There is an ongoing debate regarding the benefit and practicality of training on incline treadmills for the purpose of speed development for running or skating. This is highly debated due to the belief of the treadmill doing the work for you. However, in order to stay on the treadmill, the athlete needs to produce enough force, with proper mechanics, to withstand the speed and incline. The incline treadmill helps minimize braking forces within the stride by forcing the athlete to make ground contact with the balls of their feet rather than their heels. The treadmill also forces athletes into increased range of motion through hip flexion and extension, resulting in more force production with each stride.
Speed can be broken down to an equation of Stride Length x Stride Frequency. If the stride length is too short, or the frequency of the stride is too slow, the athlete will plateau at a submaximal speed. Every athlete has an optimal stride length and frequency. In order to maximize their potential top end speed, these two variables need to be manipulated. To increase stride length, more force needs to be created into the ground. A study performed by Athletic Republic Chief Science Officer, Steve Swanson, resulted in incline treadmill training recruiting 200-300% more muscular activation in the gastrocnemius, soleus, rectus femoris, vastus lateralis and gluteus maximus. With this increase in activation, power and energy generated during hip flexion and extension are greater in incline training compared to flat ground. If there’s greater muscular activation in muscles that aid in propulsion, a strength training adaptation will result. This allows the athlete to sprint or skate faster when they apply this increased force output to flat ground. The inclines also forces increased range of motion of hip flexion and extension.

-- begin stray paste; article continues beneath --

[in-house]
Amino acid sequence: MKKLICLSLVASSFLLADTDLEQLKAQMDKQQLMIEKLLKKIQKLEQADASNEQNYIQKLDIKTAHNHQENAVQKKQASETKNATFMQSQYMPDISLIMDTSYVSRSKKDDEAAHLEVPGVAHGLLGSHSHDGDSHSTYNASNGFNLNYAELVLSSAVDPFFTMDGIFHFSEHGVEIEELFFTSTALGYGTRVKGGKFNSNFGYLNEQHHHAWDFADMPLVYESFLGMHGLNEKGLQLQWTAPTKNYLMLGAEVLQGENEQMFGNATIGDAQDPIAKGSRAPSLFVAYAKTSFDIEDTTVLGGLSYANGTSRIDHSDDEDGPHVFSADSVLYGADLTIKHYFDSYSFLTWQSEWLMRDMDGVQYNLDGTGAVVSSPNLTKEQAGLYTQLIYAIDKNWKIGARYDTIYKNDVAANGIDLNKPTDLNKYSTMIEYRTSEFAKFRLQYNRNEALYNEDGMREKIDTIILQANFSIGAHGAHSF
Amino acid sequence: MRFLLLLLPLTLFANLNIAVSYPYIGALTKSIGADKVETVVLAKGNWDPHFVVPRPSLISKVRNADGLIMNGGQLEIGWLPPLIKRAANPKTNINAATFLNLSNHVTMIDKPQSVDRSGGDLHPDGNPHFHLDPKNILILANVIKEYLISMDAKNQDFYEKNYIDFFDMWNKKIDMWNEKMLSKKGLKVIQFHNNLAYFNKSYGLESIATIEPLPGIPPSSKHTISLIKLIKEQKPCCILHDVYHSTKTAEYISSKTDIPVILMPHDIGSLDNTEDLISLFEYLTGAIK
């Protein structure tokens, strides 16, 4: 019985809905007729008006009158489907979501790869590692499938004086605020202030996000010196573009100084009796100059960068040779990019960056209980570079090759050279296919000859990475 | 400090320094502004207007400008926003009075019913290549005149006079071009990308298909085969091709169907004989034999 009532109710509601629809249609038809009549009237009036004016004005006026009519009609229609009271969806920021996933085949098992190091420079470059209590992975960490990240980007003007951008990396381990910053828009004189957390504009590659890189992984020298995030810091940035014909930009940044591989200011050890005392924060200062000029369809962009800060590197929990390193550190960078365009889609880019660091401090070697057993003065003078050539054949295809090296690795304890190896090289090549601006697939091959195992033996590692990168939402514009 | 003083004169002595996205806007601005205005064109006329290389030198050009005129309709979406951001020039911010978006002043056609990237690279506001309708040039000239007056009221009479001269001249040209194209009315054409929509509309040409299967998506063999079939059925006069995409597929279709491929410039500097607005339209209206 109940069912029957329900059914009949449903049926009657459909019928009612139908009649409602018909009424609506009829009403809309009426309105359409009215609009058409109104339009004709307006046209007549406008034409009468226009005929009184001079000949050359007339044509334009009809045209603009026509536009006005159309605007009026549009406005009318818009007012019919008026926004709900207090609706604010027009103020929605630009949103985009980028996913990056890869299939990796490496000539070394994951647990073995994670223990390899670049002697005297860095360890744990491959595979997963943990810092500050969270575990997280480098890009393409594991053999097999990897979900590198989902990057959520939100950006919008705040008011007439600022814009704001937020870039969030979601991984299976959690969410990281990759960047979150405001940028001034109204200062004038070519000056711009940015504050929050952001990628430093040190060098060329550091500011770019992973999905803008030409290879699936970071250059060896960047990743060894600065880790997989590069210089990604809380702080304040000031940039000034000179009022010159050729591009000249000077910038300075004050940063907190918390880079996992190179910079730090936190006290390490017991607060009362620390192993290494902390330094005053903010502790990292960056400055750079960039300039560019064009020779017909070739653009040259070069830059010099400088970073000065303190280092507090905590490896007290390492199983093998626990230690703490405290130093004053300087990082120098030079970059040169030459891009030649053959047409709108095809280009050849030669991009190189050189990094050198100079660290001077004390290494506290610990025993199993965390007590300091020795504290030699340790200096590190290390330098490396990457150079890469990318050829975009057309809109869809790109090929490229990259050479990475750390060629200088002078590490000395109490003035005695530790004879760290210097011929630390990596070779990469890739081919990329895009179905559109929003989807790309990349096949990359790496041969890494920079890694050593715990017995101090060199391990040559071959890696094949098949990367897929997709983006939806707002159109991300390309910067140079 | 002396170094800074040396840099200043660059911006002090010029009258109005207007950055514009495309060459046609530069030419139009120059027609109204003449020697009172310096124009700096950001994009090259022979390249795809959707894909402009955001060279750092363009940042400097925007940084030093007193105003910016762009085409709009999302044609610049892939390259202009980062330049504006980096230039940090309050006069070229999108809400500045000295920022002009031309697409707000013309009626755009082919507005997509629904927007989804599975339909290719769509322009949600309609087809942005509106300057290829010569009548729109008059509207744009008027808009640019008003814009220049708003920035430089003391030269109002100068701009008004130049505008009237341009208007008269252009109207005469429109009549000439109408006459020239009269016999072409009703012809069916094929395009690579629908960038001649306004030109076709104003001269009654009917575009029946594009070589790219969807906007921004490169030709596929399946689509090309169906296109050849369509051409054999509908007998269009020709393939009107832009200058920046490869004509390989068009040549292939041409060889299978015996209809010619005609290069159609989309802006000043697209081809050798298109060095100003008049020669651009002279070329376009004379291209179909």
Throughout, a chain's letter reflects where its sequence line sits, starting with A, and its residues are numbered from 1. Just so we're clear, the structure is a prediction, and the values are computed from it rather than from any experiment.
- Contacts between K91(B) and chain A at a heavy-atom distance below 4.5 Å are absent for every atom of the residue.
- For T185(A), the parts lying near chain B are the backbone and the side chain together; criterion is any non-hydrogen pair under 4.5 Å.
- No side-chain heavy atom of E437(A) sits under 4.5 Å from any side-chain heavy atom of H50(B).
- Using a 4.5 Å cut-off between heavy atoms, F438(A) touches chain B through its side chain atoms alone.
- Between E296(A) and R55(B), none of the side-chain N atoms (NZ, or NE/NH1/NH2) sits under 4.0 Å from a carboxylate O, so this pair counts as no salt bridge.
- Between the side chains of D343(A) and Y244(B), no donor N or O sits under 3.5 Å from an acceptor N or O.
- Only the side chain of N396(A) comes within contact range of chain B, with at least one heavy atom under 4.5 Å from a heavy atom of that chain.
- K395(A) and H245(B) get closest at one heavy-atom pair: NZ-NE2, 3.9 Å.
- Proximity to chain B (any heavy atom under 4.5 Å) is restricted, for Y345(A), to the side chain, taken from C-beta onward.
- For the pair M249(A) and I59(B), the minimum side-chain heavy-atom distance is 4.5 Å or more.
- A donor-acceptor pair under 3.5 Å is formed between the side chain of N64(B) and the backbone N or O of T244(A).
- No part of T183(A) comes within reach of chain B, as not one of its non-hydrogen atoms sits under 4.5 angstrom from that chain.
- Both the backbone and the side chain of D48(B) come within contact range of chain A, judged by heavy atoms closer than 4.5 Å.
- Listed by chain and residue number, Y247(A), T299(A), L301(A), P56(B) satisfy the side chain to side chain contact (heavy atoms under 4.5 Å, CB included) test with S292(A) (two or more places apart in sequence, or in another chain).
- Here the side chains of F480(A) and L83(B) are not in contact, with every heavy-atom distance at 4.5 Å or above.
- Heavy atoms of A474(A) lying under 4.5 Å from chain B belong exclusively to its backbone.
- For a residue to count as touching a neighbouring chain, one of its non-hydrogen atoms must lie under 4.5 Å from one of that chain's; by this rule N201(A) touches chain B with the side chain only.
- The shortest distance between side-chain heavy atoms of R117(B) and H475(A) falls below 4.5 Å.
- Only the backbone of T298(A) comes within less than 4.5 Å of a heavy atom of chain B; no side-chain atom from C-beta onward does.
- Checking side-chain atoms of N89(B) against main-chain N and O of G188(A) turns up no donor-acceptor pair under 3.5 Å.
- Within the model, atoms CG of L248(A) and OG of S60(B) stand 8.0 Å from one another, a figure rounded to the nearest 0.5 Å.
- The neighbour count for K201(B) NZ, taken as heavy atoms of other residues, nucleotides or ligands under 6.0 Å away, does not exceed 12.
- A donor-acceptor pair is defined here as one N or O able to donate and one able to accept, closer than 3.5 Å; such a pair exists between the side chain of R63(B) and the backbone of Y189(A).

With the increased muscular activation and increased force requirement for incline training, fast twitch muscle fiber recruitment is increased, as well. Fast twitch muscle fibers allow the body to produce a large amount of force, in a short period of time, because they are able to contract at a faster rate. By sprinting or skating on an incline, the required force output results in a stronger response of fast twitch fibers compared to the necessary recruitment over flat ground training.
By utilizing incline treadmill training, we are able to optimize training results in a shorter period of time by targeting stride length and stride frequency within the same running or skating bout. Adaptations will be felt and seen during play sooner, and athletes will be able to separate themselves from their competition in the blink of an eye. Who wouldn’t want to be faster, sooner?
– Dave Robbins
Facility Director at BlueStreak Headquarters
Masters in Exercise Science and Nutrition
Swanson, SC and Caldwell, GE. (2000) An Integrated Biomechanical Analysis of High Speed Incline and Level Training Running. Medicine and Science in Sports and Exercise.